Many Christian parents believe that they will be able to save their children if they faithfully manage all their parenting responsibilities. The reasoning goes like this: God promises the covenant blessings of salvation from generation to generation. If I do my job faithfully, I will bring these blessings on my children. Such reasoning is satisfying because it provides peace of mind.
The implications of this thinking are catastrophic, because it obscures the sovereign grace of the gospel. God alone saves. God gives the light of the knowledge of the glory of God in the face of Jesus Christ. Like us, our children come to Christ because of God’s grace and mercy. As John says, “to all who did receive him, . . . he gave the right to become children of God, who were born, not of blood nor of the will of the flesh nor of the will of man, but of God.” (John 1:12–13, emphasis mine).
Believing that I will save my children through my obedience produces wrong motives for faithful parenting. My parenting will have this undercurrent of grim desperation, born of believing that if I don’t get it right, they will not know God. The settled peace of quiet confidence in the goodness and mercy of God’s sovereign grace is lost if I believe my faithfulness will save my children.
While the pressure on the parent is great, the children are placed under even more duress. They face being harried, goaded, perhaps even badgered, by parents who love them and are trying to produce something that is only the work of grace.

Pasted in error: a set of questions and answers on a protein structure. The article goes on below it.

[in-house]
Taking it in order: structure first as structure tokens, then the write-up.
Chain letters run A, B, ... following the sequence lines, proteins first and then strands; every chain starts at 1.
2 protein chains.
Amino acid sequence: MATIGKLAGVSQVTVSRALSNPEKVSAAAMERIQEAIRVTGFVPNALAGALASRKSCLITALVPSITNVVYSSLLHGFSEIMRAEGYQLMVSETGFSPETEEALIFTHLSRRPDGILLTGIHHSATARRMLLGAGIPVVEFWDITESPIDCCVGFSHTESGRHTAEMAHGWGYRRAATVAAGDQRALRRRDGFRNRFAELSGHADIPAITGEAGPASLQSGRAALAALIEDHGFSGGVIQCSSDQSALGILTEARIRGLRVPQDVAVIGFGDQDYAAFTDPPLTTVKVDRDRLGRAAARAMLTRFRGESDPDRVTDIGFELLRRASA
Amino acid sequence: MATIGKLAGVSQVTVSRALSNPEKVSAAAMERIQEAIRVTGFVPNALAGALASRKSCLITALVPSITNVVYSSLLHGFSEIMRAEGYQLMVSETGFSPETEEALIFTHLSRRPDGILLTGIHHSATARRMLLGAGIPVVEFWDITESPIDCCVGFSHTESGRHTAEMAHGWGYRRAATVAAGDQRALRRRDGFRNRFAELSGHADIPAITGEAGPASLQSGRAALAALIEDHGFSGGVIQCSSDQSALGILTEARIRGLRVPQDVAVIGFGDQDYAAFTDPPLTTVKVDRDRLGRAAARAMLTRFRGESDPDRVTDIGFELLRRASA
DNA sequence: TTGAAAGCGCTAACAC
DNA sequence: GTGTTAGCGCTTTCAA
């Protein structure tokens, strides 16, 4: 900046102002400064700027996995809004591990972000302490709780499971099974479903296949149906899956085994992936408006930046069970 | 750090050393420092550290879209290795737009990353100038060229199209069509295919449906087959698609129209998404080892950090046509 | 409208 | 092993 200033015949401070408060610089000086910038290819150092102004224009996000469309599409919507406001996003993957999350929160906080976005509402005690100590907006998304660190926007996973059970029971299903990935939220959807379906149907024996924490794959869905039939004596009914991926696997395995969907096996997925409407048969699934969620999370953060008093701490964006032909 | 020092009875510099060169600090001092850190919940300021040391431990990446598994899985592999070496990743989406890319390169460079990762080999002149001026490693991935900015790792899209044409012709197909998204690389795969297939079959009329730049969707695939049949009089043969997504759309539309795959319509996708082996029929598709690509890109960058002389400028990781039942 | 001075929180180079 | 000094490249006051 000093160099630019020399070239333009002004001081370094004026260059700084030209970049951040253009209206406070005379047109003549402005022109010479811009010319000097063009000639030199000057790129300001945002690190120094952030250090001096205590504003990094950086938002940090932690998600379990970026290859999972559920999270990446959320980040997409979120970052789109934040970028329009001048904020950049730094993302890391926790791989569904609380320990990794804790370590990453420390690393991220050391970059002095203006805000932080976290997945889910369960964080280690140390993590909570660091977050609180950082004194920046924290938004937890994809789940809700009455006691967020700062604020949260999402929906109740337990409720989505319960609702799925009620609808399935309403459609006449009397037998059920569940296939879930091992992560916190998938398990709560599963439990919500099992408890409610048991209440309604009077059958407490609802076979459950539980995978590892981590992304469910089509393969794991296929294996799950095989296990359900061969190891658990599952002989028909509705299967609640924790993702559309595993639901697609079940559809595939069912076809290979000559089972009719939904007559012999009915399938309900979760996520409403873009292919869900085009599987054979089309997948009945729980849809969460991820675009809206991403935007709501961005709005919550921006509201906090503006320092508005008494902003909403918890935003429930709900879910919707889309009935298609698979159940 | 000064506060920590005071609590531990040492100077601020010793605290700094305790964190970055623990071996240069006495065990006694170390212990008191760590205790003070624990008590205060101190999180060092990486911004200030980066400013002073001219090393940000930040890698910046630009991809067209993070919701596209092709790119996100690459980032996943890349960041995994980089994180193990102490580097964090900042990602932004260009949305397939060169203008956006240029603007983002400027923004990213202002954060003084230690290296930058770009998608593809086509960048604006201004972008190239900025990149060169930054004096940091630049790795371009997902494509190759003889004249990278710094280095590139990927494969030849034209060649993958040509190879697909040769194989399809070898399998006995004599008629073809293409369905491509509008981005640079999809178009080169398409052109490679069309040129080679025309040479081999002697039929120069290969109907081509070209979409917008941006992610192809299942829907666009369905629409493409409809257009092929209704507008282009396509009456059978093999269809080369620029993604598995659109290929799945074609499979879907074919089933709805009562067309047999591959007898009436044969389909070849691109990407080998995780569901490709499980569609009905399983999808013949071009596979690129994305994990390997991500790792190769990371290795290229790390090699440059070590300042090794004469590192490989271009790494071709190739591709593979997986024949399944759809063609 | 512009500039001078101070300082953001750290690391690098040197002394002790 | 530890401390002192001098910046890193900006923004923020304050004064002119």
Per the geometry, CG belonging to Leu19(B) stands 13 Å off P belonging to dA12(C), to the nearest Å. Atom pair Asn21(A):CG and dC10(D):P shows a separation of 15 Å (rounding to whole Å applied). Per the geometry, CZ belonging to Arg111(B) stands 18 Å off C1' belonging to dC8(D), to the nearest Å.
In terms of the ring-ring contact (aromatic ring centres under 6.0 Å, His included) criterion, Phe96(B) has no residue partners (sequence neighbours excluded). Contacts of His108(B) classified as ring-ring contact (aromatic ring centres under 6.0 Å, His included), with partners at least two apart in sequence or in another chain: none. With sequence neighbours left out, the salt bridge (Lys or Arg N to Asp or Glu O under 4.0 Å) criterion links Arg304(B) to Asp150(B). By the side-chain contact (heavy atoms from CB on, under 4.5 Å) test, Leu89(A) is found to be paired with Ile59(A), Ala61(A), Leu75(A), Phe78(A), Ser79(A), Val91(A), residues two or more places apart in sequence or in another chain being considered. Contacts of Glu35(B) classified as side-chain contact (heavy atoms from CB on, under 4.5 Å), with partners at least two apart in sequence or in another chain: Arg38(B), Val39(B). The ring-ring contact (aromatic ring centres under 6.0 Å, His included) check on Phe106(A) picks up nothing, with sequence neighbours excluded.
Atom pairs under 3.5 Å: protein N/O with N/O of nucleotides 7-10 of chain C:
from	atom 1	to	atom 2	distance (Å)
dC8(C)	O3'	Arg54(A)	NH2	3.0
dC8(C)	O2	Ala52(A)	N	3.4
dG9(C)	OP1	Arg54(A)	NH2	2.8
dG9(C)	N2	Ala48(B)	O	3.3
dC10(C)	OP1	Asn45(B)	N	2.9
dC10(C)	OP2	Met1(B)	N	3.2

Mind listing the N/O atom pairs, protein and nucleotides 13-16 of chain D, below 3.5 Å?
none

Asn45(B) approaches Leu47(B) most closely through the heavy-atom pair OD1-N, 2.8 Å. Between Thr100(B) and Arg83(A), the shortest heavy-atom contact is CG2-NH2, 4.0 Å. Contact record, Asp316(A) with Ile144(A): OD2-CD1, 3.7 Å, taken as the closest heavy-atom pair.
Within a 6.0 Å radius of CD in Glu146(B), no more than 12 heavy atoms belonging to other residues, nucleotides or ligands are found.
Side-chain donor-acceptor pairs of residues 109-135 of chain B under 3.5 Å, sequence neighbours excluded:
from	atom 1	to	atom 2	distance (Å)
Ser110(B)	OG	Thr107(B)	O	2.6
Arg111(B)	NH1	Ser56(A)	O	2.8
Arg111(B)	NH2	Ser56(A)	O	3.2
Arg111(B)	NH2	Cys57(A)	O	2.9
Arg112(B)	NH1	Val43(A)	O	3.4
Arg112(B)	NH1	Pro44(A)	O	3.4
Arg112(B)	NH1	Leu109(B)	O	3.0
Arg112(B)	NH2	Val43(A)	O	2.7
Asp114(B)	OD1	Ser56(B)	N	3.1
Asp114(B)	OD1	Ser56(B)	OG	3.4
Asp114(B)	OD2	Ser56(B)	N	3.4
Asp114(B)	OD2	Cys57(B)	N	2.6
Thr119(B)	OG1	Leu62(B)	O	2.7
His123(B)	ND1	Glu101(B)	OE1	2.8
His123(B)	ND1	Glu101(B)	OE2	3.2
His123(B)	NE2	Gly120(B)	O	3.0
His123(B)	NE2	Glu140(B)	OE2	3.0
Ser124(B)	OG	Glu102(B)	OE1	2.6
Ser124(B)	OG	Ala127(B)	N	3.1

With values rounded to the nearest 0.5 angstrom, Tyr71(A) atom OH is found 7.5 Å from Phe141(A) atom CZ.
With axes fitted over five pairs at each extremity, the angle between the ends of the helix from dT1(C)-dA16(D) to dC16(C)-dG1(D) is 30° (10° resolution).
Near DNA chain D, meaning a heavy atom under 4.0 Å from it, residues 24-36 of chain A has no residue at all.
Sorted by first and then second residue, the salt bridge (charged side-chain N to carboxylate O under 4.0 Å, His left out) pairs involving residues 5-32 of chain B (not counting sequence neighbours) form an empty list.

The young parents who are trying to save their children will find themselves tempted to judgmental criticism of older parents whose children are struggling or seem to walk away from the faith. Later, they may become angry, confused, and even cynical if their own children struggle with questions of faith. “Where did we go wrong? We did everything we could to shepherd our children.” They will find themselves spring-loaded for self-recrimination and hopelessness rather than hoping in the power of prayer and resting in God’s faithfulness to his Word.
What truths will realign our thinking? Salvation is of the Lord. God is the one who saves sinners. Salvation is not by works; not by our works or our children’s works. I hear someone asking, “Then why work so hard to provide the best possible parenting for our children?” The answer is clear. We strive to raise our children according to God’s ways because God has called us to faithfulness. We delight in his ways in our inner being. We long to be faithful in all our callings. We know that God uses means, so we strive to fulfill our role by using our parenting and family life to point our children to Christ.
At the end of the day, we hope, not in our good works, but in God’s great faithfulness to bring glory to himself by raising up from our homes a holy seed for his church.